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Dr. William J. D'Andrea

Climate helped drive Vikings from Greenland


William D'Andrea

Dr. D'Andrea is a NOAA Climate & Global Change Postdoctoral Fellow alumnus (2008-2010), and currently a NSF Office of Polar Programs Postdoctoral Fellow at the University of Massachusetts Amherst, and develops and applies molecular and isotopic techniques to reconstruct past climate change from lake sediments. He studies the natural variability of Earth’s climate system using single-cell algae as an indicator of past temperatures.

Dr. D'Andrea loves the Arctic and worked in southwest Greenland for seven years prior to beginning research in northwest Norway.



In the May 2011 Issue of Proceedings of the National Academy of Sciences, Dr. D'Andrea presented new confirmation of a cooling and starving scenario affecting the Norse farmers. "If summers got shorter and/or colder than the Norse were used to and their hay production was not able to meet their demands - and if this happened over a sustained period of time - it would have been difficult for them to maintain their way of life."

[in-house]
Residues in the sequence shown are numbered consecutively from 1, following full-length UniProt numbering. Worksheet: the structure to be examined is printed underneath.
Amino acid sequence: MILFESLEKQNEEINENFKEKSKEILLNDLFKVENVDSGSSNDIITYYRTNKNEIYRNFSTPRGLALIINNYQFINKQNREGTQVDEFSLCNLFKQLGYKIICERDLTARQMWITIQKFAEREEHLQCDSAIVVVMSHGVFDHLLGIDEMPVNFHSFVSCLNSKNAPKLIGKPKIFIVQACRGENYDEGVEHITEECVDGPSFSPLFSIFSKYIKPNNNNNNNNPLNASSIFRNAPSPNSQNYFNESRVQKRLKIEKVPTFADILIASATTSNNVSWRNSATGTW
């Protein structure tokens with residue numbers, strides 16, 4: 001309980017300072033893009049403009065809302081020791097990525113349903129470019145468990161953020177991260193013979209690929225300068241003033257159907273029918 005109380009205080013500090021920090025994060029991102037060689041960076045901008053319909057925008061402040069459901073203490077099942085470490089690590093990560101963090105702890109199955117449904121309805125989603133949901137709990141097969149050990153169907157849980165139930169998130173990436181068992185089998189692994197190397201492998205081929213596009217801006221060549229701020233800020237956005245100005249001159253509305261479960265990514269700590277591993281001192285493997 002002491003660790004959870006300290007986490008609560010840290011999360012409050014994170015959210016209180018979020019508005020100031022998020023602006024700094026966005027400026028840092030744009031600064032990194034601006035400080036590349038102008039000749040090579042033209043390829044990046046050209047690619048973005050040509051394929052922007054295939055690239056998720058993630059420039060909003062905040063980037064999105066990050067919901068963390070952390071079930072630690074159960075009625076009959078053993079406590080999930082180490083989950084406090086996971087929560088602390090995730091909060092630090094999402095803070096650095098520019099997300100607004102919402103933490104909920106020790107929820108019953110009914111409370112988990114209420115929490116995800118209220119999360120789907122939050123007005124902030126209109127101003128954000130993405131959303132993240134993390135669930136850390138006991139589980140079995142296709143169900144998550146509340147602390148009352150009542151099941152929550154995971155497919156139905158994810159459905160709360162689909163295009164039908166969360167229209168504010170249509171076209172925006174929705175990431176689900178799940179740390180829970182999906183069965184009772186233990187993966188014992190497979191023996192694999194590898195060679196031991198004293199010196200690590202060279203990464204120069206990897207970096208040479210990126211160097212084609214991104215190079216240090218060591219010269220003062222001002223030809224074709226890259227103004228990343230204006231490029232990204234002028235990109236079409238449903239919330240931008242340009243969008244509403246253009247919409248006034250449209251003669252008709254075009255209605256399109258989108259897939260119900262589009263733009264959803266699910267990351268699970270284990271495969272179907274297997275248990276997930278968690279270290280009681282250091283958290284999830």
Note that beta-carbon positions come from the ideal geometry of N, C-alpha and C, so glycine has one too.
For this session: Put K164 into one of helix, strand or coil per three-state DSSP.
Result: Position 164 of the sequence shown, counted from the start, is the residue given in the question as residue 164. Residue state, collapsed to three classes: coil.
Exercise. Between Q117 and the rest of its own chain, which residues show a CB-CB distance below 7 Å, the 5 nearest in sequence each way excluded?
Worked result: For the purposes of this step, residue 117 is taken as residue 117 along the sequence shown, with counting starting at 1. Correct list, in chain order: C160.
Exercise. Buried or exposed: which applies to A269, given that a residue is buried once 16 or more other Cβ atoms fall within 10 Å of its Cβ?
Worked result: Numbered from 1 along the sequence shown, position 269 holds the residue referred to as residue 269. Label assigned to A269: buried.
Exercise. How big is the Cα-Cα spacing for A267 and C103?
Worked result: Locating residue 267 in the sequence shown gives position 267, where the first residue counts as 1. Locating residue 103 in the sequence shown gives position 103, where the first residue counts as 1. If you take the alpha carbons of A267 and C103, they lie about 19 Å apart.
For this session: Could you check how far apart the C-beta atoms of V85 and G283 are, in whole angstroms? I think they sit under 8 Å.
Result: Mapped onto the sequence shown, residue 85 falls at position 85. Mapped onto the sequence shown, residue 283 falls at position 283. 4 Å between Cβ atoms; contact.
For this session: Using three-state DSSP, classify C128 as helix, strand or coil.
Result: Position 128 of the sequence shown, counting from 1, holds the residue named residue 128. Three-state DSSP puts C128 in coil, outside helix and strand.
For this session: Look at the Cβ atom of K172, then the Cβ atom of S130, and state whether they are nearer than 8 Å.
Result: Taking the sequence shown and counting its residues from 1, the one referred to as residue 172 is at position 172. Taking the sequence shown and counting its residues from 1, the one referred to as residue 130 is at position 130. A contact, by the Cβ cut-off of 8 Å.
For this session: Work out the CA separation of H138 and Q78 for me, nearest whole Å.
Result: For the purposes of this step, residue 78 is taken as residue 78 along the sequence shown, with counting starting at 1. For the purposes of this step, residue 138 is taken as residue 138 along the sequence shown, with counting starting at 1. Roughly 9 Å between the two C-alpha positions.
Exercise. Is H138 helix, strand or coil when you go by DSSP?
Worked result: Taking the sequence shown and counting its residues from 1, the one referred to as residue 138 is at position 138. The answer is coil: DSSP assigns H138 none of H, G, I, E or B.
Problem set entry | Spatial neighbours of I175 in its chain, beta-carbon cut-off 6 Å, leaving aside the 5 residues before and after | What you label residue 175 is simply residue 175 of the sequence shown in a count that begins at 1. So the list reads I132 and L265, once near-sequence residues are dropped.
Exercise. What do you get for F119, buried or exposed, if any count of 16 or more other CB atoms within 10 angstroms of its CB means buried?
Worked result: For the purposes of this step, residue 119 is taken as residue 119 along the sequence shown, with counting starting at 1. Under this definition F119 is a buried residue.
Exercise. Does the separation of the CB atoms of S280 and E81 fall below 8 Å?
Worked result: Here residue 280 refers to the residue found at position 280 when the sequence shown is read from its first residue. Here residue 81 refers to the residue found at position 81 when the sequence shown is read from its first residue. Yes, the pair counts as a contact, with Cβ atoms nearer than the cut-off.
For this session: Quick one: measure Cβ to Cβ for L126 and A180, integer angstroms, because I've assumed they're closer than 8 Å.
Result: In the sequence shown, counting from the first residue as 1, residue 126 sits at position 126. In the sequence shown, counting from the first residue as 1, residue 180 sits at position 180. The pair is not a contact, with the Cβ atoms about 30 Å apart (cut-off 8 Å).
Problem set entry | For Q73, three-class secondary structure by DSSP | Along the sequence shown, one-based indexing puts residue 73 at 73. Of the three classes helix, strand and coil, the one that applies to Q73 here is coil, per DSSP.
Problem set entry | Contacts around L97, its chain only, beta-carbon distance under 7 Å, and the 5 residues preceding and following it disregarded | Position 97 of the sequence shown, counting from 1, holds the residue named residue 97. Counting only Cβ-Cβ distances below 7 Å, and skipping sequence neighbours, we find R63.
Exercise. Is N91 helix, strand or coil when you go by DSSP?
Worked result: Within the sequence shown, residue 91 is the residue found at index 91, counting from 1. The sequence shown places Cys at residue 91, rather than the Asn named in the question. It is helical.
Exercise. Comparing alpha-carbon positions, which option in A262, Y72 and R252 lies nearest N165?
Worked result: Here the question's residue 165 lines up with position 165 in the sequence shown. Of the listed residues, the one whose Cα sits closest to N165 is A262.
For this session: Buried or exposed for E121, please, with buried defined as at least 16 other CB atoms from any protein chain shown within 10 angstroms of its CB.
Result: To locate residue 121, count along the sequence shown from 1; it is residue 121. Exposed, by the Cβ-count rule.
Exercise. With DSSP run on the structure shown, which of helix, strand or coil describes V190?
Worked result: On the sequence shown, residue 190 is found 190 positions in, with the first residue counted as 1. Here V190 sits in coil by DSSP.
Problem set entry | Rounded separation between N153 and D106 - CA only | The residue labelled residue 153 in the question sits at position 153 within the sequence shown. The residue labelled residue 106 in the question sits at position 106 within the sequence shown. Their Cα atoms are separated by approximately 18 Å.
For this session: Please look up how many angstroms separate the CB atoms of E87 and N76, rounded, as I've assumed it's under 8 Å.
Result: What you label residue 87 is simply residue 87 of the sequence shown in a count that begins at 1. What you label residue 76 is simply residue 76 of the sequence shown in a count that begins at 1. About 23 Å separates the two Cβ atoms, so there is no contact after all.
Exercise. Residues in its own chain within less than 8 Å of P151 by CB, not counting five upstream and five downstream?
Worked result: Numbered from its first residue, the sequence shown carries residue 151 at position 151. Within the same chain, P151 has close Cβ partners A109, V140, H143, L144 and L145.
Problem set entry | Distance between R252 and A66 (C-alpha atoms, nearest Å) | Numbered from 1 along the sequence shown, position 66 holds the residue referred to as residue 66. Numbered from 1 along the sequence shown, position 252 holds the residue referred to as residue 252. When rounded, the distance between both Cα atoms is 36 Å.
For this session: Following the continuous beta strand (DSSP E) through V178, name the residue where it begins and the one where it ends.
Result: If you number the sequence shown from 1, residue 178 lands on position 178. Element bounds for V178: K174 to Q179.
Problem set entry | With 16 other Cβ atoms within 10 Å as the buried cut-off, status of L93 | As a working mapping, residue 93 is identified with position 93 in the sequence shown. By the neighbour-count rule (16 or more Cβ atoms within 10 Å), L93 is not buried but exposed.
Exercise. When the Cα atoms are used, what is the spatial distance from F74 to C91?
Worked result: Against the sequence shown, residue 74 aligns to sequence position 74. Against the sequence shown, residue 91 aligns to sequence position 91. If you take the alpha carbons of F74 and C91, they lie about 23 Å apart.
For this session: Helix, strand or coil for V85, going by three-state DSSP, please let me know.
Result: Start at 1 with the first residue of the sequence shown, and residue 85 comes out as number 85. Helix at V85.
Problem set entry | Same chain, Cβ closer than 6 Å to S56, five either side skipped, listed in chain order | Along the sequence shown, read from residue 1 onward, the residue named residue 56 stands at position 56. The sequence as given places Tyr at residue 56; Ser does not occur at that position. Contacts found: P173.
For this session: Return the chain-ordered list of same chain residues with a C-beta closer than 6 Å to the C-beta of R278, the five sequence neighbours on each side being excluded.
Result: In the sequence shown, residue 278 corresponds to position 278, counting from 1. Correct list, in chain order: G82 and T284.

William D'Andrea, right, and Yongsong Huang took cores from two lakes in Greenland to reconstruct 5,600 years of climate history near the Norse Western Settlement.
Credit: William D'Andrea/Brown University


Listen to Billy D'Andrea discuss the challenges, and beauty, of working in Greenland.

Billy Bio

Ice StoriesTraveling to far-off locations like the Antarctic, The Exploratorium's Ice Stories scientists use Wirecast as a portable broadcast production studio, carrying Wirecast's software on a laptop to remote locations for live webcasts.